Adults who have fibromyalgia may be more likely to develop restless leg syndrome, according to findings published in the Journal of Clinical Sleep Medicine.
Restless leg syndrome occurs when an individual is sleeping, and includes symptoms such as numbness, tingling and spasms in the legs.
For this study, researchers enrolled 172 people with the joint and muscle pain disorder who were an average age of 50 years, and compared them to a control group of 63 participants with a median age of 41 years. The team recorded the pain level of each individual, and then tested the amount of pressure they could tolerate on the their arms and legs.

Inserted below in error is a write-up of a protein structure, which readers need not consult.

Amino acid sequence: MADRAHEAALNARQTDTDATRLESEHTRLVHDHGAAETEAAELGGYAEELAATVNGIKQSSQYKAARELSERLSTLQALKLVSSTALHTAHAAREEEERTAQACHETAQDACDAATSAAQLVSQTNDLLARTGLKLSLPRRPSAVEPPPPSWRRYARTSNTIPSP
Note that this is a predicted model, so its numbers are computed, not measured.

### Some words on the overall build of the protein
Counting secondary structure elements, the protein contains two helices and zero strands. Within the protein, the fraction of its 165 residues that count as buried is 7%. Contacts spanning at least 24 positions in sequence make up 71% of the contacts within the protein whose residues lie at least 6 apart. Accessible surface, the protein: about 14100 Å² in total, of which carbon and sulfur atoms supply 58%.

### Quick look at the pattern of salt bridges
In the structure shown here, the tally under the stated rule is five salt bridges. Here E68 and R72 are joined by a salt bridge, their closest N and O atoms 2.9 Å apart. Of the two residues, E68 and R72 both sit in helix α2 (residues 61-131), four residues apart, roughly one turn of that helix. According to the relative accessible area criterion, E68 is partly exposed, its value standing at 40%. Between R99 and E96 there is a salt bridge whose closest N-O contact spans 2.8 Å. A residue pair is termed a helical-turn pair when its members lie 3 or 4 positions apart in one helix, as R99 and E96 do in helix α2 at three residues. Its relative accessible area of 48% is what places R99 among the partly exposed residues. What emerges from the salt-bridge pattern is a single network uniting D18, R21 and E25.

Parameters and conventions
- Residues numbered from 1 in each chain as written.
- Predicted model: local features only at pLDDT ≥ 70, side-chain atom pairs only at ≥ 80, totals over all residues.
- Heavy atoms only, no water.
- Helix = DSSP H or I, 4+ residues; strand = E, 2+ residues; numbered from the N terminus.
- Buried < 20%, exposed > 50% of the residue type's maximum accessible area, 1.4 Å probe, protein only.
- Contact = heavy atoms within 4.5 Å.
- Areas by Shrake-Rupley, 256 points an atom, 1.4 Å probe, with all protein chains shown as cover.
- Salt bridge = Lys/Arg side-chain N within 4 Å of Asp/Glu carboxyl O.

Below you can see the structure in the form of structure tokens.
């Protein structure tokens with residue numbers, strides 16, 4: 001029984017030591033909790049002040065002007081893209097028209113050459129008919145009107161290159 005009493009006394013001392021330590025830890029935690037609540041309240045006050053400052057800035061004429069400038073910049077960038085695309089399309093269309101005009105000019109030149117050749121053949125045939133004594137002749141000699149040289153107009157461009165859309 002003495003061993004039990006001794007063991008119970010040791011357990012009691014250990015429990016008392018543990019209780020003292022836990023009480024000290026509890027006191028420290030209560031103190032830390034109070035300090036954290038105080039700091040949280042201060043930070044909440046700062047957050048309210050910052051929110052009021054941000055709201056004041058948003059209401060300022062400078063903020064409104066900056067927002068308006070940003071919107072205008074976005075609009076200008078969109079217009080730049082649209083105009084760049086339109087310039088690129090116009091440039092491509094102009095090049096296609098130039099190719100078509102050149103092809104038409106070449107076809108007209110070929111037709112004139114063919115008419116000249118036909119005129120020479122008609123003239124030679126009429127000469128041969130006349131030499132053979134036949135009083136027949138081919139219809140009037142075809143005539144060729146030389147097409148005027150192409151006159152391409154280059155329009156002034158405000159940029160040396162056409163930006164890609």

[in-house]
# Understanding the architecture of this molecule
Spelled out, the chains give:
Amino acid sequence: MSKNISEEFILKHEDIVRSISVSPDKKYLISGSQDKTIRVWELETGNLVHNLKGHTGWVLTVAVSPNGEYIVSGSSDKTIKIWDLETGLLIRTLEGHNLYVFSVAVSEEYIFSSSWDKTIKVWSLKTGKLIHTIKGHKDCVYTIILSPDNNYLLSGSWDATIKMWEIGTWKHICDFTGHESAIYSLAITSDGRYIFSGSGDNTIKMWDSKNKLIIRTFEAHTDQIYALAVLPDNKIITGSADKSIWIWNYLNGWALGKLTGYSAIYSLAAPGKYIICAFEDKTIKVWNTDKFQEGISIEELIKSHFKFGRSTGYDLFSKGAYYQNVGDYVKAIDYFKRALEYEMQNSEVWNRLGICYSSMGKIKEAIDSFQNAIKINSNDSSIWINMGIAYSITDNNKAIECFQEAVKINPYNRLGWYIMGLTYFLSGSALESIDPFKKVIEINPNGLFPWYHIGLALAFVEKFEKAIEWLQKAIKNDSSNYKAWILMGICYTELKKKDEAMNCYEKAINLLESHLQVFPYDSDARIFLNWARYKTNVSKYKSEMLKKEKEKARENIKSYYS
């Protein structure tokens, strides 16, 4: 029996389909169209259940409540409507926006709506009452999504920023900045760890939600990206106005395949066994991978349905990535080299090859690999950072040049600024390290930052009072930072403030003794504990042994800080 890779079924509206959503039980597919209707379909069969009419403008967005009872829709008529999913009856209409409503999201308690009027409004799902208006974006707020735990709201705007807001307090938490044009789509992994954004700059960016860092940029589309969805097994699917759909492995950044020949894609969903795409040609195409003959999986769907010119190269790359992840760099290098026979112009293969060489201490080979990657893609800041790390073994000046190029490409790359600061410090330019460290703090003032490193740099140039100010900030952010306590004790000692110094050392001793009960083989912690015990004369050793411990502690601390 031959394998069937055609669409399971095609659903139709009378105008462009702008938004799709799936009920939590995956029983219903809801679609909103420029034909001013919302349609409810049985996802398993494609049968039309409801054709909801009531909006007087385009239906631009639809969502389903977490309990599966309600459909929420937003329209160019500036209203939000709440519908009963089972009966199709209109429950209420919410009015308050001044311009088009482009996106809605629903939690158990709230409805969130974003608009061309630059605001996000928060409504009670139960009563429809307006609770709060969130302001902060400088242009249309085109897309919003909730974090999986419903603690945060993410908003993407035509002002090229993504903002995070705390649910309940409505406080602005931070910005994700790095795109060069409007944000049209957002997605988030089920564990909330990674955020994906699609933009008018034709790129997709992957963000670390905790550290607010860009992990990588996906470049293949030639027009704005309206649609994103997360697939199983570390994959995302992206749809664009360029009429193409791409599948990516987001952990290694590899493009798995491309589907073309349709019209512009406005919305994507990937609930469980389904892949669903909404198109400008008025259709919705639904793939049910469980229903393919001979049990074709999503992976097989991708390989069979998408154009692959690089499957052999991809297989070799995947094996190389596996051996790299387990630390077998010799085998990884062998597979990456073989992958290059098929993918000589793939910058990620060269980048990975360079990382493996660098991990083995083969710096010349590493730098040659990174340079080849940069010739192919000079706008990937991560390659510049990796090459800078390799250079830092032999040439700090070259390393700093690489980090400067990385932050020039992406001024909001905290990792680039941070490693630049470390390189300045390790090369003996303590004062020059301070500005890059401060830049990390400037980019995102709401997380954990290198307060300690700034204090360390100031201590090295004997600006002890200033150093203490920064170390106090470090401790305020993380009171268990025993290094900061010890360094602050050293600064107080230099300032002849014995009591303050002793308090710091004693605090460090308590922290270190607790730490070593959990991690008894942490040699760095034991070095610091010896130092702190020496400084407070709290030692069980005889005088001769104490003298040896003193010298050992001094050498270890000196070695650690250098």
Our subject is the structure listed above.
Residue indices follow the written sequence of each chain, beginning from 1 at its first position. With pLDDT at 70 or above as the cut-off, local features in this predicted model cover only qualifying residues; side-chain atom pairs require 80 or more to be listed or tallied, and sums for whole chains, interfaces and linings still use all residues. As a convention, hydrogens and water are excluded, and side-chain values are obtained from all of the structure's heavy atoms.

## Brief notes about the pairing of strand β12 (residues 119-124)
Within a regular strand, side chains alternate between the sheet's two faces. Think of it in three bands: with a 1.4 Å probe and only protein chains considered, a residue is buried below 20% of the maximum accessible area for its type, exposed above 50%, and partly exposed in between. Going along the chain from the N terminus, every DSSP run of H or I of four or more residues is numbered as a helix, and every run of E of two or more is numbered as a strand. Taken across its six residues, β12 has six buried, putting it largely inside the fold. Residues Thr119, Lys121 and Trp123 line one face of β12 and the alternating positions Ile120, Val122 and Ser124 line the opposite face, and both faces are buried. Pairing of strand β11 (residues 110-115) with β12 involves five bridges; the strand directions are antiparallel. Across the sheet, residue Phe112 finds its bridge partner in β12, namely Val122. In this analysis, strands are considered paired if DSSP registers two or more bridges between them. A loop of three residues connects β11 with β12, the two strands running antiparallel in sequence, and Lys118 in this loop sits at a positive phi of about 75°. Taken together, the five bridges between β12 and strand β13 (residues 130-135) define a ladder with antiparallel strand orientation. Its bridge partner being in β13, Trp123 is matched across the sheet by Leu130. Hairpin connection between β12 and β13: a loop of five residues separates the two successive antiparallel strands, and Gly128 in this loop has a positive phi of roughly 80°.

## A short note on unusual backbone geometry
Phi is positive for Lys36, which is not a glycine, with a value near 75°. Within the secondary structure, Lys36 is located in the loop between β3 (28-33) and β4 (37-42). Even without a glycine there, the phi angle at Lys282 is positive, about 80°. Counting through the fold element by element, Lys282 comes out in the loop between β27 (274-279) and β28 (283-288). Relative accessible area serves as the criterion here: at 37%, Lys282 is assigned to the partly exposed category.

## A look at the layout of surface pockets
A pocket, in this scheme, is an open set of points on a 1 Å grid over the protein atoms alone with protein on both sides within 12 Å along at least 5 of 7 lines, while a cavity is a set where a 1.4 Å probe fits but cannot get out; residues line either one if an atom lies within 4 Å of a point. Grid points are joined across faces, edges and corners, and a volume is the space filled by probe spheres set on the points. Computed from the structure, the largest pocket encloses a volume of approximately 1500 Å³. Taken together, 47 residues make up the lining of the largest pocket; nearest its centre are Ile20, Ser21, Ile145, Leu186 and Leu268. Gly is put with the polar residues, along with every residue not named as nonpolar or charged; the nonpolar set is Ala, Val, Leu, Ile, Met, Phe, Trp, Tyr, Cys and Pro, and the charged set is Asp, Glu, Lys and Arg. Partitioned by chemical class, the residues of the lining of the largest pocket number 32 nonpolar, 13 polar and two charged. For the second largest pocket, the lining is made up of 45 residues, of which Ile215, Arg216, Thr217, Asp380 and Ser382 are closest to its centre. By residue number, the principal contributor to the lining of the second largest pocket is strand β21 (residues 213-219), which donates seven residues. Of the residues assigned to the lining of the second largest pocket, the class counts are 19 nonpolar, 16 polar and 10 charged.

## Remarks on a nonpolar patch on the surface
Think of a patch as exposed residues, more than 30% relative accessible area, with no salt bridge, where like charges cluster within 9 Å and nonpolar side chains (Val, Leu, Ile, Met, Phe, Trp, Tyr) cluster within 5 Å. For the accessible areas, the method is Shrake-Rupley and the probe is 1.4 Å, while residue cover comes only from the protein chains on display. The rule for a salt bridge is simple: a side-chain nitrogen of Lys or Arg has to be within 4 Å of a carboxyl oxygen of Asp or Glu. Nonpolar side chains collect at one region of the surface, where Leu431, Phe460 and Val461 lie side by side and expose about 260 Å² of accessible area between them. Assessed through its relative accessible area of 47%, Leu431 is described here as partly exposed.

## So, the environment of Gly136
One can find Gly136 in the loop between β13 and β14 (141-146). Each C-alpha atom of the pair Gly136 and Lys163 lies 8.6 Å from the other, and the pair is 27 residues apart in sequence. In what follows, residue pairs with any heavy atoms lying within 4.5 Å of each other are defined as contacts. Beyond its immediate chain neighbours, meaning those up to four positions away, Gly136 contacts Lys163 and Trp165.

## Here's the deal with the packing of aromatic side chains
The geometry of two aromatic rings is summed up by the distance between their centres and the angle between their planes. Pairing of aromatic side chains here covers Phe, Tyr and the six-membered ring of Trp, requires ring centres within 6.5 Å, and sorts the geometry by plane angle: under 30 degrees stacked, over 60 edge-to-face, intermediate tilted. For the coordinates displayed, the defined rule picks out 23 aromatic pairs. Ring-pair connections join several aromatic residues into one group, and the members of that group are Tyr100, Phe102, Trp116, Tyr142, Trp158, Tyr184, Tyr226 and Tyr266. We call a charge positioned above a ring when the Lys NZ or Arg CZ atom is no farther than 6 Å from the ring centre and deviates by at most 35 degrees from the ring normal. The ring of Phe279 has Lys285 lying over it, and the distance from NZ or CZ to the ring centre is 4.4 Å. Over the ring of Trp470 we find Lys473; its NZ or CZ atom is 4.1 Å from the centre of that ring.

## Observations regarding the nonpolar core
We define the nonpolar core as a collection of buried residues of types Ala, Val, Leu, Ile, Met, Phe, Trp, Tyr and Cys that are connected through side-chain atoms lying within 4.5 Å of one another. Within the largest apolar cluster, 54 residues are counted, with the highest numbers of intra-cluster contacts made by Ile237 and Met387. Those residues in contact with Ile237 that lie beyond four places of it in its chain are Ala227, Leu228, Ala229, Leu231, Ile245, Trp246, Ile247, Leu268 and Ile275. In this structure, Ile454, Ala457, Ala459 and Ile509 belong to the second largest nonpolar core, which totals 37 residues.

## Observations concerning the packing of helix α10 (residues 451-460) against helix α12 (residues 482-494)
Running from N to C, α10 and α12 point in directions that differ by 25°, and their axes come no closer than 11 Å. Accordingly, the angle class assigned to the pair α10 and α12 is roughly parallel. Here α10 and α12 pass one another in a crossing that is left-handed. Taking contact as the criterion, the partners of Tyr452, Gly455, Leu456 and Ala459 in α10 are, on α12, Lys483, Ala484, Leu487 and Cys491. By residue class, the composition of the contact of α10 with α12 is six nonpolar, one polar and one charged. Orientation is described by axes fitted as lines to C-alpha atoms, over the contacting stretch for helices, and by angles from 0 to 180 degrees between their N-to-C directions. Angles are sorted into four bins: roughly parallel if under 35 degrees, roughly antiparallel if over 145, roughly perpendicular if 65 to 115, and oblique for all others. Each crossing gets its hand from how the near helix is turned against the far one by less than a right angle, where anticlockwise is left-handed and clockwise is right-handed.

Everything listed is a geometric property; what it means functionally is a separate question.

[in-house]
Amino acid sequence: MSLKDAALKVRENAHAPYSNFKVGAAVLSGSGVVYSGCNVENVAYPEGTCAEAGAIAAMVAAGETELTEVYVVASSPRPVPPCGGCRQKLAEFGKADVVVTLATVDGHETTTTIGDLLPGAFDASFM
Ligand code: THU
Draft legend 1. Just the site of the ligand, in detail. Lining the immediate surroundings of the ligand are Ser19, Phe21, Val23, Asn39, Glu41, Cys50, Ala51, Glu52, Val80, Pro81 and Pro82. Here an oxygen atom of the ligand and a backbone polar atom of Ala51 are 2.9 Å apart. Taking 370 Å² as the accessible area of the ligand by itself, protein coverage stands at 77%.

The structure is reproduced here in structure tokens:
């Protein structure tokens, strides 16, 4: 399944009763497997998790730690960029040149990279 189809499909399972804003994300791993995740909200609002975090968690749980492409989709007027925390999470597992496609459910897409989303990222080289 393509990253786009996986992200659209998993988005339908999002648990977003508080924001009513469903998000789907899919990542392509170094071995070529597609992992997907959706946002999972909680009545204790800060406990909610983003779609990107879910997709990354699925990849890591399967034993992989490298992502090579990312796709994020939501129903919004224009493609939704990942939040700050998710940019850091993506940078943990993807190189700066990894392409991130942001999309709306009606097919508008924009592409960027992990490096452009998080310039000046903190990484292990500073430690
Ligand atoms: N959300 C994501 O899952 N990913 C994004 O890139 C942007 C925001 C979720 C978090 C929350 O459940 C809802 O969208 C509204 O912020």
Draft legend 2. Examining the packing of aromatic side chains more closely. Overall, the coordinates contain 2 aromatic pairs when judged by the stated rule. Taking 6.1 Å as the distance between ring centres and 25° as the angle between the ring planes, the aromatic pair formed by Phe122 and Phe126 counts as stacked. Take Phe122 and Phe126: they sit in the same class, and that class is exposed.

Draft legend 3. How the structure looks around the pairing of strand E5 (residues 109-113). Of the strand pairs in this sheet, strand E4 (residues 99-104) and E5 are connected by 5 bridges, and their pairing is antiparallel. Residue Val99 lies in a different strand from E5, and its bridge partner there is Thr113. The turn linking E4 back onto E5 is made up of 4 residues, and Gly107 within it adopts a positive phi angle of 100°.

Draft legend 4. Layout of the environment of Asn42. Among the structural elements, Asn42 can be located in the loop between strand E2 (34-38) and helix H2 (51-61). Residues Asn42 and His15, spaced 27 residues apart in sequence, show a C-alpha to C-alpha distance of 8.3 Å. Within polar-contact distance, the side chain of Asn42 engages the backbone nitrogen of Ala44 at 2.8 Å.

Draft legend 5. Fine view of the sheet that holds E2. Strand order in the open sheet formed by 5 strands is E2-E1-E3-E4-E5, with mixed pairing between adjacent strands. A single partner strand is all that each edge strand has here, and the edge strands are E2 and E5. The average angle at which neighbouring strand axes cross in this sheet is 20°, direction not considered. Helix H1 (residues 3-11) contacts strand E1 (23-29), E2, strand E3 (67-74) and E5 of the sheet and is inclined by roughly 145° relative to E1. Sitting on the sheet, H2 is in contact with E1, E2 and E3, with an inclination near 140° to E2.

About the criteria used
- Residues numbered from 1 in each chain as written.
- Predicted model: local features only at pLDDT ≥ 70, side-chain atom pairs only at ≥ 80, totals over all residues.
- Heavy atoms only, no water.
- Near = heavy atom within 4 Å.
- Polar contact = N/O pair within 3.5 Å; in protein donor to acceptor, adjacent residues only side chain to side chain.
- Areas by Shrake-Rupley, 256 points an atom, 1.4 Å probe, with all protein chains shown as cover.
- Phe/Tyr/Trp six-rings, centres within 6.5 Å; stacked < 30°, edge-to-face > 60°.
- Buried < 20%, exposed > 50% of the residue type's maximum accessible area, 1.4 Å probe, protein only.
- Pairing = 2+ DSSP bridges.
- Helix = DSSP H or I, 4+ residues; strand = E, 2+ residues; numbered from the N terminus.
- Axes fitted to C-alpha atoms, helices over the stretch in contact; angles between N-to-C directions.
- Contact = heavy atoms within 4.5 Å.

As a result, the investigators discovered that the fibromyalgia patients were 10 times more likely to develop with restless leg syndrome compared to those in the control group. Furthermore, those who suffered from restless leg syndrome experienced constant sleep disruption.
However, sleep problems were worse among individuals with fibromyalgia.
Based on how common this problem is among people with fibromyalgia, the team concluded that physicians should monitor and treat these patients for the sleeping issue.
In 2005, an estimated 5 million people in the U.S. suffered from fibromyalgia, according to the Centers for Disease Control and Prevention.